Following its 30-second shake-up, the coconut milk emerged from the can smooth and thick — think half-and-half consistency. There was a definite coconut scent but also a slightly sour note that didn't bode well for the taste test. The milk tasted a little bitter, almost as if this can was sitting on the shelf too long and went bad. While it's certainly endearing that Goya doesn't add many preservatives to its canned coconut milk (using only one, potassium metabisulfite, with no other additives like thickeners), it may be to the company's detriment, especially if it isn't able to control how long cans are left on store shelves. While this particular can was disappointing, the consistency of Goya's canned coconut milk was enough to keep it hovering above the bottom of the rankings.

13. 365 By Whole Foods Market

365 Whole Foods coconut milk
365 Whole Foods coconut milk - Sarah Bisacca/Tasting Table

Whole Foods' 365 store brand is typically a safe bet when searching out shelf-stable goods like canned coconut milk. The organic pantry item retails for a fairly wallet-friendly $2.30 or so per can — not bad considering the average price of organic goods these days.

After the obligatory shaking period, the 365 organic coconut milk still hadn't emulsified. There were visible chunks in the beverage, which left the remaining liquid thin and unpleasantly cloudy-looking. A few stirs with a spoon remedied the situation and left the coconut milk at a much more appealing whole milk consistency. A lack of a coconut scent meant that the final product also missed the mark on coconut flavor, leaving me confused but not entirely disappointed. This canned option from Whole Foods would make a great substitution for whole milk in a dairy-free or vegan recipe, though it definitely won't provide that tropical tinge you're probably craving from classic coconut milk recipes.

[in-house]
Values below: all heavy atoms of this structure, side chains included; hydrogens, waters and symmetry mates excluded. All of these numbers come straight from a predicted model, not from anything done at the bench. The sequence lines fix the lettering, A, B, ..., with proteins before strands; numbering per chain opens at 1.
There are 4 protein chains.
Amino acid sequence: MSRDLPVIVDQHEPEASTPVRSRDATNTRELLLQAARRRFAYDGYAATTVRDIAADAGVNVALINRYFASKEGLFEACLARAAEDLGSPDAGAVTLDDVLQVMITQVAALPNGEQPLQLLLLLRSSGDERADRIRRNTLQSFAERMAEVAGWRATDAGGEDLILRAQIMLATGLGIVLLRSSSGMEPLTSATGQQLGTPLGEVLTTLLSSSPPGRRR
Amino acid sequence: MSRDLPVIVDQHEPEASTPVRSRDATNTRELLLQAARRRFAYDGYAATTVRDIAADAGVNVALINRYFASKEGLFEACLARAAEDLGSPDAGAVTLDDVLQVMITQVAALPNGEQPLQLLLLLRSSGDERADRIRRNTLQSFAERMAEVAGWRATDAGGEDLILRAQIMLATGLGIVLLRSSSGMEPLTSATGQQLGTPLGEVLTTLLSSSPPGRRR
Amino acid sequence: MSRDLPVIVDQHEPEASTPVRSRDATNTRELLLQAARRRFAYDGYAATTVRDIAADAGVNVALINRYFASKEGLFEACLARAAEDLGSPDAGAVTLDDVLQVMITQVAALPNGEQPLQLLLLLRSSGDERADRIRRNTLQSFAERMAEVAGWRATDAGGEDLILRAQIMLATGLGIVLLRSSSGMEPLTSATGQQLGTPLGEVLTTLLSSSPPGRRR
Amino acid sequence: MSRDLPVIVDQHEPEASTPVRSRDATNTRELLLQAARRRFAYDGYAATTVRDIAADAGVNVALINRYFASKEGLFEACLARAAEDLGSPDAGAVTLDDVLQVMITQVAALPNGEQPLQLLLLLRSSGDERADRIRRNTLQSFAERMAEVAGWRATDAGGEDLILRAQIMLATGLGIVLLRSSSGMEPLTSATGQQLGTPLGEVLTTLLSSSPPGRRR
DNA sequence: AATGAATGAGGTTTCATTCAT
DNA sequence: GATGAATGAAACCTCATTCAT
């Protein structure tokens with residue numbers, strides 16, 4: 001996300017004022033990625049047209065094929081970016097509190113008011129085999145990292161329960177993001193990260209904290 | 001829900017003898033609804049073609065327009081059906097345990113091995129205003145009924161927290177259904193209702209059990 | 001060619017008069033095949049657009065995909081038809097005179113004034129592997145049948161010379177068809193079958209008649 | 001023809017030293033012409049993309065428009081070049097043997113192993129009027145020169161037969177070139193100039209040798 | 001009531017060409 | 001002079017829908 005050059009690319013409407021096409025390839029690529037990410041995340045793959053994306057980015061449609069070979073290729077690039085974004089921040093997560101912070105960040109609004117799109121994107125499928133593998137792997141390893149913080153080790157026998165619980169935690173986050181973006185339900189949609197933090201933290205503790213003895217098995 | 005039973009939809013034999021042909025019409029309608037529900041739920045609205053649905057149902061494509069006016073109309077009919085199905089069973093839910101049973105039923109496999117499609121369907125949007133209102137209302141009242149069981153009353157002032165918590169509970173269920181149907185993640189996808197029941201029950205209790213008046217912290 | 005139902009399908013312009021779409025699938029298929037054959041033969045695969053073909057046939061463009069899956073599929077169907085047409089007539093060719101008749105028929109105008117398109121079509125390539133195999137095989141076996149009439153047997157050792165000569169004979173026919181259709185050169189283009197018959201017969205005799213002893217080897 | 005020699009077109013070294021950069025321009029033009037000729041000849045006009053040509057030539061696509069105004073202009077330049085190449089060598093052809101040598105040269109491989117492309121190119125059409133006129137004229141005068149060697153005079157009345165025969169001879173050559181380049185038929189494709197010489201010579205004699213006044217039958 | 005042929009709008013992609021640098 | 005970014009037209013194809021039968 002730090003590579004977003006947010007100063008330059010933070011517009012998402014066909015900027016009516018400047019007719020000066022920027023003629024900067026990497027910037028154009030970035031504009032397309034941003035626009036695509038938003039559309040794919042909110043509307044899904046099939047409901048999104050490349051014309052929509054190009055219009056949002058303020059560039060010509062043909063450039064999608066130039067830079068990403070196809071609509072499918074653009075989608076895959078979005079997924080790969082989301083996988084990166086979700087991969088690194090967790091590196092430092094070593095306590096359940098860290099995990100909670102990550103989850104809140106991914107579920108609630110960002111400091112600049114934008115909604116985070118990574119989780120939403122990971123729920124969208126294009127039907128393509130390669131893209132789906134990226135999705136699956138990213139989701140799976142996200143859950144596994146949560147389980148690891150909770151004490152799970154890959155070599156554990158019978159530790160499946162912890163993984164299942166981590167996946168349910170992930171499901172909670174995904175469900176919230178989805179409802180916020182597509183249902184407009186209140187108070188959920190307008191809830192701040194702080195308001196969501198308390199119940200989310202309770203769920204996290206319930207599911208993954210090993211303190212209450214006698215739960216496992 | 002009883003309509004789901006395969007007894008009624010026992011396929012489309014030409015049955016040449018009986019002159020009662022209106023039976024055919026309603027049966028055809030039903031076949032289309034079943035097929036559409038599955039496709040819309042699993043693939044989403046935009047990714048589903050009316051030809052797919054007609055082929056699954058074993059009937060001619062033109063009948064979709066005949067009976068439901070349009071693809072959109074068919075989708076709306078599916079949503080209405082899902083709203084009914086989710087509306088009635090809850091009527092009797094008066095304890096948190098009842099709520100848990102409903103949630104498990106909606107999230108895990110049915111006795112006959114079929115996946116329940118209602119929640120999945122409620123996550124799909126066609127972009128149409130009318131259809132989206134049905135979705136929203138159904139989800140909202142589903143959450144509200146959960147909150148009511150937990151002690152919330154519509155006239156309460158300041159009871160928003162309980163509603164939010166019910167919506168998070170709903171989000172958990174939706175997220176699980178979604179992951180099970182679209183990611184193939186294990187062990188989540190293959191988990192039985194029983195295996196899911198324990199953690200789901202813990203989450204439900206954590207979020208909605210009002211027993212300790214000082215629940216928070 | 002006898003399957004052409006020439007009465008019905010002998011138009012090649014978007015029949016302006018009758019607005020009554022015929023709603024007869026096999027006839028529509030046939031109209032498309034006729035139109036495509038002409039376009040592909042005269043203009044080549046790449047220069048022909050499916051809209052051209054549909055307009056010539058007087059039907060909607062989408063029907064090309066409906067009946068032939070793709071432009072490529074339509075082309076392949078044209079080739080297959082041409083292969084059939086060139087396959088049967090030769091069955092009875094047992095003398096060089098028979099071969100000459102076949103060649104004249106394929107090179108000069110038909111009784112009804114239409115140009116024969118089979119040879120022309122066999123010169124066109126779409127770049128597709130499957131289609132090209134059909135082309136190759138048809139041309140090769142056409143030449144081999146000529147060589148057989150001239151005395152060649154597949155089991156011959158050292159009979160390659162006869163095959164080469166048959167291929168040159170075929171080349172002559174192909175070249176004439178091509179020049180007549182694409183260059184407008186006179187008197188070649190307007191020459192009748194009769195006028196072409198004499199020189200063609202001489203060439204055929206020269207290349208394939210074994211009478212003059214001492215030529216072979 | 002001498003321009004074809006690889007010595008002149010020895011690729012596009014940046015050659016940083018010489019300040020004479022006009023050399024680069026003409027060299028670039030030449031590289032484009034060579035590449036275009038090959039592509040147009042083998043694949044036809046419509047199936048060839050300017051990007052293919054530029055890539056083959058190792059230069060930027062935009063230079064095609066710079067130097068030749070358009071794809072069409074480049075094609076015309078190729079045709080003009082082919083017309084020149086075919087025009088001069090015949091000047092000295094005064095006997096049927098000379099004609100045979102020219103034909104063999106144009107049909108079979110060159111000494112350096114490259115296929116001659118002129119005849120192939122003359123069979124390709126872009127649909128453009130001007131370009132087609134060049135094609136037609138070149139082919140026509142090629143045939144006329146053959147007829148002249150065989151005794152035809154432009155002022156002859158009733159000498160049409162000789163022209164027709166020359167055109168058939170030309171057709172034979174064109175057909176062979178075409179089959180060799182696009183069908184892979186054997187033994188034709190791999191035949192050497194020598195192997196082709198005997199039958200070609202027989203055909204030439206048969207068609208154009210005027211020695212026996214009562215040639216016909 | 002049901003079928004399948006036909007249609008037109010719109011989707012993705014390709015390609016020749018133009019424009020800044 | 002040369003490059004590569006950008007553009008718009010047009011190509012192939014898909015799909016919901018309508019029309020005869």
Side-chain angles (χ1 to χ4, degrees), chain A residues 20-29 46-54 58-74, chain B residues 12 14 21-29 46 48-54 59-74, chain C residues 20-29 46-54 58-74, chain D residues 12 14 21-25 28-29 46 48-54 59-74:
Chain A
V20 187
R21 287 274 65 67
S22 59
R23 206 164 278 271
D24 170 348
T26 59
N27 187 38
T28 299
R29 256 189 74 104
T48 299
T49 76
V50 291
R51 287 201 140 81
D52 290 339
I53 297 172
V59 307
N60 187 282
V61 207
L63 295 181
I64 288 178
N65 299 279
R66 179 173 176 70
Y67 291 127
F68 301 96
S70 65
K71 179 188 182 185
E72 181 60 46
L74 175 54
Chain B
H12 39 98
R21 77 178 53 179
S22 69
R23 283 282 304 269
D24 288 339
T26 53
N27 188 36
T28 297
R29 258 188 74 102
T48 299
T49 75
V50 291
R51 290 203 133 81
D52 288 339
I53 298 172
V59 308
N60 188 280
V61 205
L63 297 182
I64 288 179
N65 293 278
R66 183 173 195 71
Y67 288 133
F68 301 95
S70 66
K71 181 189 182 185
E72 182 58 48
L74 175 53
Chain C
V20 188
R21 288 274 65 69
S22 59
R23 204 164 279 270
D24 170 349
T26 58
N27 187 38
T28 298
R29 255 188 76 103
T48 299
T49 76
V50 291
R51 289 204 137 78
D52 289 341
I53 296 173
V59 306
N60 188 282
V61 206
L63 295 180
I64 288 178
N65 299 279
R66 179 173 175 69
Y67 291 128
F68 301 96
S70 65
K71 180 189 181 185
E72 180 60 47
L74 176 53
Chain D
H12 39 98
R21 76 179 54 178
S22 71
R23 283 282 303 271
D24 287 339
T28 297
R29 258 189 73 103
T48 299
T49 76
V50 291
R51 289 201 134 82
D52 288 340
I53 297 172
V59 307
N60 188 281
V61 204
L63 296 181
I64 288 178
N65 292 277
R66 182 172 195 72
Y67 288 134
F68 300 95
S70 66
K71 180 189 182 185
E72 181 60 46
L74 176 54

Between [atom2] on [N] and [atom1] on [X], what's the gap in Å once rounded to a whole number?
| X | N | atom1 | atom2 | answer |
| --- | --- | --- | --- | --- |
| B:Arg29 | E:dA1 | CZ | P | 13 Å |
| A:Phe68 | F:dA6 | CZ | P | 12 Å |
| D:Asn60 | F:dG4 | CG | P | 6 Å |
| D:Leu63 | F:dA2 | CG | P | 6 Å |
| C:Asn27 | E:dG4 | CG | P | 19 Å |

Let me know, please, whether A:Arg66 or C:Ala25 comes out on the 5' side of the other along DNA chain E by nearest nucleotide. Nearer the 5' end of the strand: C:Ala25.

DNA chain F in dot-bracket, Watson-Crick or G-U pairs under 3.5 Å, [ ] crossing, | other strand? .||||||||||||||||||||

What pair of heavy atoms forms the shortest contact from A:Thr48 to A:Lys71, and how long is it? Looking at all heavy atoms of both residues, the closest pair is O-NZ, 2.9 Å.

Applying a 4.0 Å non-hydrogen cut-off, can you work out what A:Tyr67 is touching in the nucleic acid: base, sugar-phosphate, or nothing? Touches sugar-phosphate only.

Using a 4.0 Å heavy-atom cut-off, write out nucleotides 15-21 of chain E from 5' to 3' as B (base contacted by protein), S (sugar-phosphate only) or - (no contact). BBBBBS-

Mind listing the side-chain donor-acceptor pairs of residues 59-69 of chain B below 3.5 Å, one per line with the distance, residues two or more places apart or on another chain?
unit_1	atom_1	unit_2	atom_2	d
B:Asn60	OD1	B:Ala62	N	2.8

12. Native Forest

Native Forest coconut milk
Native Forest coconut milk - Sarah Bisacca/Tasting Table

As its name suggests, Native Forest organic unsweetened coconut milk is harvested from fair-trade organic palm groves in Thailand and Sri Lanka. It's then transformed into a luscious grocery store staple by environmentally minded producer Edward & Sons Trading Company. BPA-free cans and a noticeable absence of artificial thickeners from the ingredient list are among the other pleasant byproducts of the company's wellness ethos.

When it came to testing Native Forest's canned coconut milk, I had a hard time getting the mixture to emulsify. I ended up needing to stir the mixture with a spoon, which left a few chunks floating in the thin liquid. A strong coconut scent left little doubt as to the quality of the fruit used to make this canned milk, though the leftover chunks got in the way of my ability to truly taste the final product. Giving the beverage a good pulse in a food processor would likely remedy this mixture as a solid choice for coconut milk-based recipes. But its poor performance within the bounds of the testing criteria left Native Forest on the low end of the rankings.

11. Trader Joe's

Trader Joe's coconut milk
Trader Joe's coconut milk - Sarah Bisacca/Tasting Table